---
title: "Problem Set 2: Written Part"
author: "Your Name Goes Here"
output:
pdf_document:
keep_tex: true
header-includes:
- \usepackage{booktabs}
geometry: margin=1.5cm
---
```{r setup, include=FALSE}
knitr::opts_chunk$set(echo = TRUE)
library(tidyverse)
```
\def\simiid{\stackrel{{\mbox{\text{\tiny i.i.d.}}}}{\sim}}
# Details
### How to Write Up
The written part of this assignment can be either typeset using latex or hand written.
### Grading
5% of your grade on this assignment is for turning in something legible. This means it should be organized, and any Rmd files should knit to pdf without issue.
An additional 15% of your grade is for completion. A quick pass will be made to ensure that you've made a reasonable attempt at all problems.
Across both the written part and the R part, in the range of 1 to 3 problems will be graded more carefully for correctness. In grading these problems, an emphasis will be placed on full explanations of your thought process. You don't need to write more than a few sentences for any given problem, but you should write complete sentences! Understanding and explaining the reasons behind what you are doing is at least as important as solving the problems correctly.
Solutions to all problems will be provided.
### Collaboration
You are allowed to work with others on this assignment, but you must complete and submit your own write up. You should not copy large blocks of code or written text from another student.
### Sources
You may refer to our text, Wikipedia, and other online sources. All sources you refer to must be cited in the space I have provided at the end of this problem set.
## Problem I: M&M's
Starting the week after next, we will be looking at Bayesian inference. The central idea in Bayesian statistics is that probability is used to express our state of knowledge about the value of an unknown parameter. The written part of this problem should take you 1 or 2 minutes, and is intended to introduce this way of thinking about probability.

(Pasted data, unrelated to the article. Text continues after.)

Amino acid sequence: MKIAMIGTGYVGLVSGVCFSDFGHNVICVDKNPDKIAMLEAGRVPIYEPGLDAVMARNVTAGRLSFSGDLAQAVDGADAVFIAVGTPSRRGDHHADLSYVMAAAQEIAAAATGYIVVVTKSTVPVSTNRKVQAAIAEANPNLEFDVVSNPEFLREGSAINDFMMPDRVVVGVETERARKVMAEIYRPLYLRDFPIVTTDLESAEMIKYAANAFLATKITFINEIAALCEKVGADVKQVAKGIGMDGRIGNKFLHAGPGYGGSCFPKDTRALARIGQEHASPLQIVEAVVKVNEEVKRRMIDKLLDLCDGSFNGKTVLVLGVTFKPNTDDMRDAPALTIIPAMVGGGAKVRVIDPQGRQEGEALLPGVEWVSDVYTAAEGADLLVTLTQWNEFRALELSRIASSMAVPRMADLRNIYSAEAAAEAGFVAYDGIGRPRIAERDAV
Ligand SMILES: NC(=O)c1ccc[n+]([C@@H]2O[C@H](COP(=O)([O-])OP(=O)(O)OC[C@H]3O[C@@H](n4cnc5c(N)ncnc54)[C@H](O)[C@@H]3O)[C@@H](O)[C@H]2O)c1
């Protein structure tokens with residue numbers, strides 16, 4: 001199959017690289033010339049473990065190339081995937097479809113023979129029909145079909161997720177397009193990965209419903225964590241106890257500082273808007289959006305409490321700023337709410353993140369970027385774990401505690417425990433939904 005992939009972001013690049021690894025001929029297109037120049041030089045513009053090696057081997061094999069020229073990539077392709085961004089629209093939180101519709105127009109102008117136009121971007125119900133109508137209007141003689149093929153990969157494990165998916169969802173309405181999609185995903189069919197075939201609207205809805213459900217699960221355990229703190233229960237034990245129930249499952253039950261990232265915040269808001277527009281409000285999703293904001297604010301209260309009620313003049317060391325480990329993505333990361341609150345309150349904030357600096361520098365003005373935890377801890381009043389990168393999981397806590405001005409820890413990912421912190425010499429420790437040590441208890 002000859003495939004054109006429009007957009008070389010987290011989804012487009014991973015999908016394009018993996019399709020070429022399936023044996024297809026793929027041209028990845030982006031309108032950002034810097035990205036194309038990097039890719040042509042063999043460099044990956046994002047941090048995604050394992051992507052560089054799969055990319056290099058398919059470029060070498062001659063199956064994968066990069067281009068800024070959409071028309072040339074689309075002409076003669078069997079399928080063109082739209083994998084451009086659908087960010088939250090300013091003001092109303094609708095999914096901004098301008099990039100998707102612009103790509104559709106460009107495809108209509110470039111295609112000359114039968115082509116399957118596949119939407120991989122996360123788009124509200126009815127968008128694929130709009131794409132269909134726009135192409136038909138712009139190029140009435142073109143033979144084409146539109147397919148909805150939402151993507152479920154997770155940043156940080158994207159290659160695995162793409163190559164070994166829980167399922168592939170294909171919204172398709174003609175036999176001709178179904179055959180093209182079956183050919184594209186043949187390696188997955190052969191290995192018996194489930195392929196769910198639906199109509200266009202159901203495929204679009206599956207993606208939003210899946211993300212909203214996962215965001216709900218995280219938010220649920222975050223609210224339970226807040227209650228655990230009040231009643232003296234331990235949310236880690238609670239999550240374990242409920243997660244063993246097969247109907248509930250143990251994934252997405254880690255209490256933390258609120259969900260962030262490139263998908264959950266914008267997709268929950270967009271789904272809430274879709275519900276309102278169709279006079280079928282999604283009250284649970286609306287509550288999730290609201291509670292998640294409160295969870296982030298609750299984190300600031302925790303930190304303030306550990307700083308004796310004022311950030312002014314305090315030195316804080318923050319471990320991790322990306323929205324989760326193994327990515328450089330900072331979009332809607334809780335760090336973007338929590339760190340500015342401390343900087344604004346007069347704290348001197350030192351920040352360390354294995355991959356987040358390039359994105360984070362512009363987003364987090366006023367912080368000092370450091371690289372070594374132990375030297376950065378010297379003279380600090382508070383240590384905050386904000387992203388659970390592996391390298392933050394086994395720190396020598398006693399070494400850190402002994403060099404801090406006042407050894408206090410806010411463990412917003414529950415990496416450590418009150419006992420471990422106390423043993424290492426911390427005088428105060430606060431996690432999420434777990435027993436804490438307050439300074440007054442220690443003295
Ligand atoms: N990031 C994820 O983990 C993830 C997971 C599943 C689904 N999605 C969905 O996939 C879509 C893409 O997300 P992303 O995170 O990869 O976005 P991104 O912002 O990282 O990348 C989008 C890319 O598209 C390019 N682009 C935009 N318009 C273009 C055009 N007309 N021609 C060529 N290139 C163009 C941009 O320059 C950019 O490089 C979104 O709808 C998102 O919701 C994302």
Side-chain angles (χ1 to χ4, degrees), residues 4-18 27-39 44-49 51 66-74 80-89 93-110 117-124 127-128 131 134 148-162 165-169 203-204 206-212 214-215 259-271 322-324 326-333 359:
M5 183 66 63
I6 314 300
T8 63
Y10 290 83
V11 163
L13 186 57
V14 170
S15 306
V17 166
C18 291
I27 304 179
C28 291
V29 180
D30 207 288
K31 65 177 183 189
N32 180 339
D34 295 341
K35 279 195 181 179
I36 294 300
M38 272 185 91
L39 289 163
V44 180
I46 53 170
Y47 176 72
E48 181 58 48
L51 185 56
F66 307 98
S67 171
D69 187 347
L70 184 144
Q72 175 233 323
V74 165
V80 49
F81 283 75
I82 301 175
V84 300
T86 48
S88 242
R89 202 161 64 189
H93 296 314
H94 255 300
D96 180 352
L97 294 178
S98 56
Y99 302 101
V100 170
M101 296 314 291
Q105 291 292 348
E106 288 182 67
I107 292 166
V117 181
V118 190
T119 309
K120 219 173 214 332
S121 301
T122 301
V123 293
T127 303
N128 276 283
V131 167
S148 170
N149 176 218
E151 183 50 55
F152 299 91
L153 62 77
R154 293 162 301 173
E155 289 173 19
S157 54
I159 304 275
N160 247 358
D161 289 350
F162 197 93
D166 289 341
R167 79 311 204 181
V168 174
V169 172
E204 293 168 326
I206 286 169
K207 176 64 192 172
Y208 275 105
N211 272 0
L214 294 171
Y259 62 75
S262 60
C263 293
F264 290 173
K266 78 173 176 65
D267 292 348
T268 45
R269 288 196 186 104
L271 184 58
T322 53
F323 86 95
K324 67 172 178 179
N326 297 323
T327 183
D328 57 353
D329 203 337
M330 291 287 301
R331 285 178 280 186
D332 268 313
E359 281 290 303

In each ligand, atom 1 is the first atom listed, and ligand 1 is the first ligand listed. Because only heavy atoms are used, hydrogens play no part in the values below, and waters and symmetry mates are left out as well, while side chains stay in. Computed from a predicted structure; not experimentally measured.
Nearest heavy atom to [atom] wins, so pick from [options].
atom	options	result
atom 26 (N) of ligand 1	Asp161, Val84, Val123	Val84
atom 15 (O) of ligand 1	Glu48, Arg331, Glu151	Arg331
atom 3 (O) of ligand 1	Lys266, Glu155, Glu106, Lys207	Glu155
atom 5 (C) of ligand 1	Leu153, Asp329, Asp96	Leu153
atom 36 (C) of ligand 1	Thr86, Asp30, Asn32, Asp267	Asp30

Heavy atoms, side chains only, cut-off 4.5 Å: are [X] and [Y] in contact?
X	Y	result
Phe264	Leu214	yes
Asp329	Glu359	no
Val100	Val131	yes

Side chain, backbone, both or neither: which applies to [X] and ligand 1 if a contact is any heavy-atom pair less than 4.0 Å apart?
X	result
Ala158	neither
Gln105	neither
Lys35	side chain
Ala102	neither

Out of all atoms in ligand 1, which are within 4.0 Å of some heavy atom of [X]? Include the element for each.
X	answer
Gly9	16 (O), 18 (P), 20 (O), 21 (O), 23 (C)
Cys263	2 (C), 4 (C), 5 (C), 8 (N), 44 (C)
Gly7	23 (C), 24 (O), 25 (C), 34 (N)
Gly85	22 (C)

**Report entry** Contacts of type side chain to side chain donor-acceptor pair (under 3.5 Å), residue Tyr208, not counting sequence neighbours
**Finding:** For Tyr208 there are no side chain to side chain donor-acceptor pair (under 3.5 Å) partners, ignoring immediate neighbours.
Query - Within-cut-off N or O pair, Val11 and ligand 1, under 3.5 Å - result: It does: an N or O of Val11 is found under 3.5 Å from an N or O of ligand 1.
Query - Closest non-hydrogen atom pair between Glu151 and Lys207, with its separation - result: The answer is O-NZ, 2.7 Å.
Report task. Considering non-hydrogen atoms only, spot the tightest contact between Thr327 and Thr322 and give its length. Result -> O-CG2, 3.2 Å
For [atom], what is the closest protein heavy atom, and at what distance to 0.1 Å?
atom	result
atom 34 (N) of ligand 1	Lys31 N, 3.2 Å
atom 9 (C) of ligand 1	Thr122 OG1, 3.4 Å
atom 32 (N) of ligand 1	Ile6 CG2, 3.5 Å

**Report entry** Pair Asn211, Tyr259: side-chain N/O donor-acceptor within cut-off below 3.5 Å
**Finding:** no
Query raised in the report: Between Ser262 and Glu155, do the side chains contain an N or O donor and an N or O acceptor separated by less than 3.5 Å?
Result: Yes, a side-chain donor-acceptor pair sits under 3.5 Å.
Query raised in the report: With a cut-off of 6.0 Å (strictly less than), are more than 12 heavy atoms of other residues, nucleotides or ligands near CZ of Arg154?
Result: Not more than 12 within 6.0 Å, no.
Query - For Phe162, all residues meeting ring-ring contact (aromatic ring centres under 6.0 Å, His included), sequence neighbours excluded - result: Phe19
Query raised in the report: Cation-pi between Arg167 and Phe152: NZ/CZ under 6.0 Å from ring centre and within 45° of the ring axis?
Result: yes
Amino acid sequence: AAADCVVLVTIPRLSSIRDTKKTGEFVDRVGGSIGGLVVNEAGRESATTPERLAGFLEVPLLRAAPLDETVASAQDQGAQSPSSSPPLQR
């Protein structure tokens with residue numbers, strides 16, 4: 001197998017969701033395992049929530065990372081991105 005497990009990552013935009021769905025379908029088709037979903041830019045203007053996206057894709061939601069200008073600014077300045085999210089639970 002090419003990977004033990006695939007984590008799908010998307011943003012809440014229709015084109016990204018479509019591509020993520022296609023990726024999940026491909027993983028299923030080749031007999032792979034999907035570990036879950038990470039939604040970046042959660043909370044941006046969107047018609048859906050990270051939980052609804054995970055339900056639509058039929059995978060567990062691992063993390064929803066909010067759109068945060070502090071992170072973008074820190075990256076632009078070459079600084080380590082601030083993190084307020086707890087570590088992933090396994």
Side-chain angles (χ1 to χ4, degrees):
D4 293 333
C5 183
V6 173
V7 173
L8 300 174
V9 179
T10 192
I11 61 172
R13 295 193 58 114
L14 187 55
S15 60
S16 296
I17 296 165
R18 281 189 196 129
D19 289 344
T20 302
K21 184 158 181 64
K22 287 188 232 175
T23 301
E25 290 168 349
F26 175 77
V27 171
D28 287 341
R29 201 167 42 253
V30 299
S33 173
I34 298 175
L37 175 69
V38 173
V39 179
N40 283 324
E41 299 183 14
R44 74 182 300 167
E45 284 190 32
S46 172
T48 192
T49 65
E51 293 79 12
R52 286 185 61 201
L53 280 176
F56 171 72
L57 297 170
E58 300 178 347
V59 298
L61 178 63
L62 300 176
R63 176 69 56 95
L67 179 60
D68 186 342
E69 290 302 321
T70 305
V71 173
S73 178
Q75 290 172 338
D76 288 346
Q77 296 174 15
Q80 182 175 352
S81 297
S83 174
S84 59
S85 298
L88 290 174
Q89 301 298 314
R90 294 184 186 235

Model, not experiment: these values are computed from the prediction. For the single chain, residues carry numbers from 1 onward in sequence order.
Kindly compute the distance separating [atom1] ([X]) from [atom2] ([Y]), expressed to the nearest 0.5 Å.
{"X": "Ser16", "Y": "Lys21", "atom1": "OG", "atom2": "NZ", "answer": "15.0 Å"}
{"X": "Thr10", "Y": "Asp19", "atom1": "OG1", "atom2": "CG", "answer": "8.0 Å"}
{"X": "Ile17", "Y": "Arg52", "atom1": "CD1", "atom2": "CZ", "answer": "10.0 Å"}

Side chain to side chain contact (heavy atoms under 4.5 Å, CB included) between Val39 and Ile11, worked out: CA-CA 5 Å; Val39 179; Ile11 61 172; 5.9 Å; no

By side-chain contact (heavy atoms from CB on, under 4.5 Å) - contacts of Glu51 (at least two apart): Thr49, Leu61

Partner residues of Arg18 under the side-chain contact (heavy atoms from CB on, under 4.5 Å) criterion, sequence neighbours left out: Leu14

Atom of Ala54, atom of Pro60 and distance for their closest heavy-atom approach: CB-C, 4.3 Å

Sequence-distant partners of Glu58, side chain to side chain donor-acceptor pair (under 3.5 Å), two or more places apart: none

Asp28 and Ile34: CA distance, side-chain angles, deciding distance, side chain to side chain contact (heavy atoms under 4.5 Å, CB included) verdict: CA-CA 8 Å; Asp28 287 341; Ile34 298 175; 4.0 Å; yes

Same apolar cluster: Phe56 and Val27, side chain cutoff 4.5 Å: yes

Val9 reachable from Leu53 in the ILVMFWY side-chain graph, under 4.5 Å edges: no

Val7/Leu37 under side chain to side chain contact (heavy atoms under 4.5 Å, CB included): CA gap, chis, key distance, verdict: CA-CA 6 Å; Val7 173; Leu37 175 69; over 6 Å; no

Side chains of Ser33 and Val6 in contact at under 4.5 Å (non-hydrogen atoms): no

Consider the question "What proportion of peanut M&M's are blue?" Note that the maker of M&M's has set the proportion of peanut M&M's that are blue, but they have not published this number. We will denote this proportion by $\theta$. Although we don't know the value of $\theta$, we can probably make some reasonable guesses about what it is based on our past experience with eating M&M's.
#### (1) What is your best guess at the proportion of M&M's that are blue? This should be a number between 0 and 1.
#### (2) Give an interval $[a, b]$ so that you think there is a 50% chance the proportion of M&M's that are blue is in that interval. In other words, you are picking numbers $a$ and $b$ between 0 and 1 so that you think $P(\theta \in [a, b]) = 0.5$. This is called a 50% credible interval. We'll return to this idea in class later.
#### (3) Give an interval $[c, d]$ so that you think there is a 90% chance that the proportion of M&M's that are blue is in that interval. In other words, you are picking numbers $c$ and $d$ between 0 and 1 so that you think $P(\theta \in [c, d]) = 0.9$. This is called a 90% credible interval. We'll return to this idea in class later.
## Problem II: Method of Moments
#### (1) Suppose that $X_i \simiid \text{Geometric}(p)$ for $i = 1, \ldots, n$. Find the method of moments estimator of $p$.
Note that there are multiple parameterizations of the Geometric distribution. Please use the parameterization as given on the "Common Probability Distributions" handout.
## Problem III: Wind Speeds
This problem is adapted from an example in "Mathematical Statistics with Resampling and R" by Chihara and Hesterberg (2011), who write:
> "[U]nderstanding the characteristics of wind speed is important. Engineers use wind speed information to determine suitable locations to build a wind turbine or to optimize the design of a turbine. Utility companies use this information to make predictions on engery avaiabilty during peak demand periods (say, during a heat wave) or to estimate yearly revenue.
> The Weibull distribution is the most commonly used probability distribution used to model wind speed ... The Weibull distribution has a density function with two parameters, the shape parameter $k > 0$ and the scale parameter $\lambda > 0$."
If $X \sim \text{Weibull}(k, \lambda)$, then it has pdf
$$f(x | k, \lambda) = \frac{k x^{k - 1}}{\lambda^k}e^{-(x/\lambda)^k}$$